Based on the results from the literacy classes, the “New PE” curriculum (which is never actually described in full) is used for all students at Naperville schools, and has been in place for the last 17 years. Students at Evanston’s New Trier High School scored an average of 26.8 on the ACT, two points higher than the average for students at Naperville Central High School (and 6.7 points higher than the state average of 20.1), but Naperville students do better on state standardized tests, “which are taken by every student, not just those applying to college.” That’s a very good point, although the impact of the statistic is slightly diluted because no information is given on exactly how much better Naperville students perform on those state tests.

Ratey next cites Naperville’s performance on the Trends in International Mathematics and Science Study, or TIMSS. In 1999, Naperville tested as an individual district to see how it compared to other states and countries, a very reasonable metric to use. It would be nice if Naperville also had its students take the TIMSS before instituting this new exercise program to allow for comparison, but hey, hindsight. And basic experimental protocol.

“On the science section of the TIMSS, Naperville’s students finished first, just ahead of Singapore, and then the North Shore consortium [a group of other districts from Illinois.]” They also placed sixth in the world for math. Now, this sounds extremely impressive, but first in the world with this PE program is not really significantly better than third in the world without this PE program, like the other Illinois district. Some hard numbers on scores here would also make comparison easier. (The book didn’t mention how the North Shore consortium scored for math, so I looked it up: they placed seventh. Sixth with PE and seventh without is unlikely to be a statistically notable difference.)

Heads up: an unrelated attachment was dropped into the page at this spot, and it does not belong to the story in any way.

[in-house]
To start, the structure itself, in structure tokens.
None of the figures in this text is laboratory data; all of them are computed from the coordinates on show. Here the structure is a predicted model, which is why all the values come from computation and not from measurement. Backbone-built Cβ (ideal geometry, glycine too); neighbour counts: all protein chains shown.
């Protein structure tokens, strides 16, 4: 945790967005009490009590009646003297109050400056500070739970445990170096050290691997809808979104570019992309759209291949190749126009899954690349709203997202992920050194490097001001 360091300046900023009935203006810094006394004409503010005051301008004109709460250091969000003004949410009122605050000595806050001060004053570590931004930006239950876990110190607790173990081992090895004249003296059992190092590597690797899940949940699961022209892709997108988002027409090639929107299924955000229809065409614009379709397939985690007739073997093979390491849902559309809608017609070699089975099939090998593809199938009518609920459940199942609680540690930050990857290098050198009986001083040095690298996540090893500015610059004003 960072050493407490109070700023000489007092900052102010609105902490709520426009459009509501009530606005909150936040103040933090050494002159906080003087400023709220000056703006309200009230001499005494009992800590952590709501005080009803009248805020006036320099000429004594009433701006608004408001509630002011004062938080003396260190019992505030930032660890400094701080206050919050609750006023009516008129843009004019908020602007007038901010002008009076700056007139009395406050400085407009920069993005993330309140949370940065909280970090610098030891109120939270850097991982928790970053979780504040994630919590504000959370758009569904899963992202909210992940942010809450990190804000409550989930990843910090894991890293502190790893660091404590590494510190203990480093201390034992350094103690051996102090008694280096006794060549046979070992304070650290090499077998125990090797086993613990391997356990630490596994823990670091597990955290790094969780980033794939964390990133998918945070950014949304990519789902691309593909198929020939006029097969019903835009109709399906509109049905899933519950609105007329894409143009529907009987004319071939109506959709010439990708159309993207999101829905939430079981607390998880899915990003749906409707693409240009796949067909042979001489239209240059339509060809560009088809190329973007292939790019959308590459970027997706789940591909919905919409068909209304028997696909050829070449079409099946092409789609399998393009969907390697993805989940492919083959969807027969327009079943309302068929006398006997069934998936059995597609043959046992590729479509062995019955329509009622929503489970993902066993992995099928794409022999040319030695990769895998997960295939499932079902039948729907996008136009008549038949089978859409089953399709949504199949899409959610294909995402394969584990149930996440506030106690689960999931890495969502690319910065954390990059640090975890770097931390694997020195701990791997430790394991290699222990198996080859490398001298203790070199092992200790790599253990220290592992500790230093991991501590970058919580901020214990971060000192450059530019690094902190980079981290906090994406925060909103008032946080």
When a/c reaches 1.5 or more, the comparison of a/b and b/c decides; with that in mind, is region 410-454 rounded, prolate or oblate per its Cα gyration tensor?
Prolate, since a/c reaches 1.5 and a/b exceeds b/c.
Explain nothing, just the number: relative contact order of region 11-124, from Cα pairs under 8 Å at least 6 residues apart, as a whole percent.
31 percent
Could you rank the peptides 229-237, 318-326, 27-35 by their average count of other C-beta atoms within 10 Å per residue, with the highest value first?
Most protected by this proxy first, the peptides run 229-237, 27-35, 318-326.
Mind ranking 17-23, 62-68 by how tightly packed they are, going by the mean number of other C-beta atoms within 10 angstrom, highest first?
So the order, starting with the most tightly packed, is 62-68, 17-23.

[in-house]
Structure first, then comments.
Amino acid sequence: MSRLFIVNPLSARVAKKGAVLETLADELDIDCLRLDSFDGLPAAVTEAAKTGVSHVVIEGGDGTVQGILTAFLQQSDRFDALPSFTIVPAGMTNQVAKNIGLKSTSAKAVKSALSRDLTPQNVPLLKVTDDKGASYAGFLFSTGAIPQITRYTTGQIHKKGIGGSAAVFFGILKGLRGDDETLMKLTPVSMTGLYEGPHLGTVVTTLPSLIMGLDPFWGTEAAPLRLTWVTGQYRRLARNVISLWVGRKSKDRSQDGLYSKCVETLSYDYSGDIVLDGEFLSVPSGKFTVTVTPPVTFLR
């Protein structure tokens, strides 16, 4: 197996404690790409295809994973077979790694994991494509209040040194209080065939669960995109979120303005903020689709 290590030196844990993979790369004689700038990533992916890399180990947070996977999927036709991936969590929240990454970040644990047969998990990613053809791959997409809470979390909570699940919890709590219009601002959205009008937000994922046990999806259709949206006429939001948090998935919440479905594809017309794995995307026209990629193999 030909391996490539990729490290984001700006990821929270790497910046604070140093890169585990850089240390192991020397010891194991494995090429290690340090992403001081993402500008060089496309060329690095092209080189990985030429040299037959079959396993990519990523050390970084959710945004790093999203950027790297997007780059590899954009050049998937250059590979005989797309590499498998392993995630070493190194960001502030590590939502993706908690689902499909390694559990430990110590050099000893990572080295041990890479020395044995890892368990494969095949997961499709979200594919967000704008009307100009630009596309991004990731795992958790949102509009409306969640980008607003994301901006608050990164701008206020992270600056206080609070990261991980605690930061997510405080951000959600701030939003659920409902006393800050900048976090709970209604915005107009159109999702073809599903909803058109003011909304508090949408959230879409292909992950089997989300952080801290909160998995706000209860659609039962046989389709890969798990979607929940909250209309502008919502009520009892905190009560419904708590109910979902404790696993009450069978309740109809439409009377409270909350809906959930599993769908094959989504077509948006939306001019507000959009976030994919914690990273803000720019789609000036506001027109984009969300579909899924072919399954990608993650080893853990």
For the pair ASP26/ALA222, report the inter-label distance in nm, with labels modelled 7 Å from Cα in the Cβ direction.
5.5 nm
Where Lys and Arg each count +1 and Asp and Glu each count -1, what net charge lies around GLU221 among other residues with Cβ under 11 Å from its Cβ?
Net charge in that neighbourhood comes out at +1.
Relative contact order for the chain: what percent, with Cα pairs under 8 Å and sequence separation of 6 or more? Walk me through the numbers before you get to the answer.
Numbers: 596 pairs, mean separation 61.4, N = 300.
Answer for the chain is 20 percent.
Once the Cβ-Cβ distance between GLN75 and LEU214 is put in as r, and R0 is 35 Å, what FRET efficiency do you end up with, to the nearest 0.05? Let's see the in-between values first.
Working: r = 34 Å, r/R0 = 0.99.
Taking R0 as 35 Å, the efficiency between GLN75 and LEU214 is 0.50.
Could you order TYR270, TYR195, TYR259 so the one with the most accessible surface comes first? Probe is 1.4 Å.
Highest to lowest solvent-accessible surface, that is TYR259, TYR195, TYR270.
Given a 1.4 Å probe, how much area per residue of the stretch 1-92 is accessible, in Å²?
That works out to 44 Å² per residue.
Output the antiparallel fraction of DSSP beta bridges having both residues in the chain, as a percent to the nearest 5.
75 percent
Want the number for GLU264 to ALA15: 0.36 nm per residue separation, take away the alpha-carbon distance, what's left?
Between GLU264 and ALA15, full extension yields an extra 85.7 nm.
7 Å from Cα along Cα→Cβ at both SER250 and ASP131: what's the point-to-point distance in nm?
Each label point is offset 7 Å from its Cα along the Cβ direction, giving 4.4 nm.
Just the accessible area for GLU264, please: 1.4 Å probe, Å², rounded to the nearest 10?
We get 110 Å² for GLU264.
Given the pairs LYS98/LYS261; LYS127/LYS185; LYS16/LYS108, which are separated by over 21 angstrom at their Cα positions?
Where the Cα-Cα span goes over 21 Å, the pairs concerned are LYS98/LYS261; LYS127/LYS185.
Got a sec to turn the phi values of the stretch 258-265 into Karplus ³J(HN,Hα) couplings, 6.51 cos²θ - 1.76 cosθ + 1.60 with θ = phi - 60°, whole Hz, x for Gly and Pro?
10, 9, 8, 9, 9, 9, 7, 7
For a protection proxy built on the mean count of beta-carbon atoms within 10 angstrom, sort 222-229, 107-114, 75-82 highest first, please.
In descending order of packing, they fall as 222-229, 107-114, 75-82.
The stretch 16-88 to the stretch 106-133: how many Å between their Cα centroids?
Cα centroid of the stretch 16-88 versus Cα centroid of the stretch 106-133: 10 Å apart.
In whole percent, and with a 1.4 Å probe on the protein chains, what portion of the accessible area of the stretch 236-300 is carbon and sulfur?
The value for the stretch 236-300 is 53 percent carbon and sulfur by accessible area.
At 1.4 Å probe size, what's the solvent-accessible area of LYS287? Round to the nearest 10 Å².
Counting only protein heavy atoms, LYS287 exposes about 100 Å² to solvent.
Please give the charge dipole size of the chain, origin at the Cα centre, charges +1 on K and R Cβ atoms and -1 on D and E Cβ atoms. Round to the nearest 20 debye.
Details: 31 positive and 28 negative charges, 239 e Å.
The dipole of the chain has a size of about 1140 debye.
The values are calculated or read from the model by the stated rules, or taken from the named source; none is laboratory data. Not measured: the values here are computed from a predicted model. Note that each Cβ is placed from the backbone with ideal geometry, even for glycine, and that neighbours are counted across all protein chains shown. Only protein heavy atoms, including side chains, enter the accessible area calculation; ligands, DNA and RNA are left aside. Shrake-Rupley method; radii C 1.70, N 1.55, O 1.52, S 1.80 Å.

Oh dear lord: “Naperville 203 is a demographically advantaged school district: 83 percent white, with only 2.3 percent in the low income range, compared with 40 percent in that range for Illinois as a whole. Its two high schools boast a 97 percent graduation rate. And the town’s major employers are Argonne, Fermilab, and Lucent Technologies, which suggests that the parents of many Naperville kids are highly educated. The deck — in terms of both environment and genetics — is stacked in Naperville’s favor. On the other hand, when we look at Naperville, two factors really stand out: its unusual brand of physical education and its test scores.” What actually stands out is that this is a wealthy, mostly-white district full of students whose parents are literally particle physicists. It would genuinely be more surprising if these kids didn’t test well in math and science.

The book then goes into more detail about Naperville’s New PE, which honestly sounds like a very thoughtful and well-designed program, if not as world-changing as Ratey wishes it were. The head PE teacher “decided to shift the focus to cardiovascular fitness” rather than team sports, and had students run the mile once a week. He introduced new equipment like exercise bikes so “nonathletes” could earn extra credit to make up for their low grades on activities like the mile.

After testing a heart rate monitor on a student “who was thin but not the least bit athletic,” the PE teacher discovered her heart rate was about 90% of maximum while running despite her comparatively slow pace. He then “started thinking back to all the kids we must have turned off to exercise because we weren’t able to give them credit” and completely reworked the PE program as a result, with students “graded on how much time they spend in their target heart rate zones during any given activity.”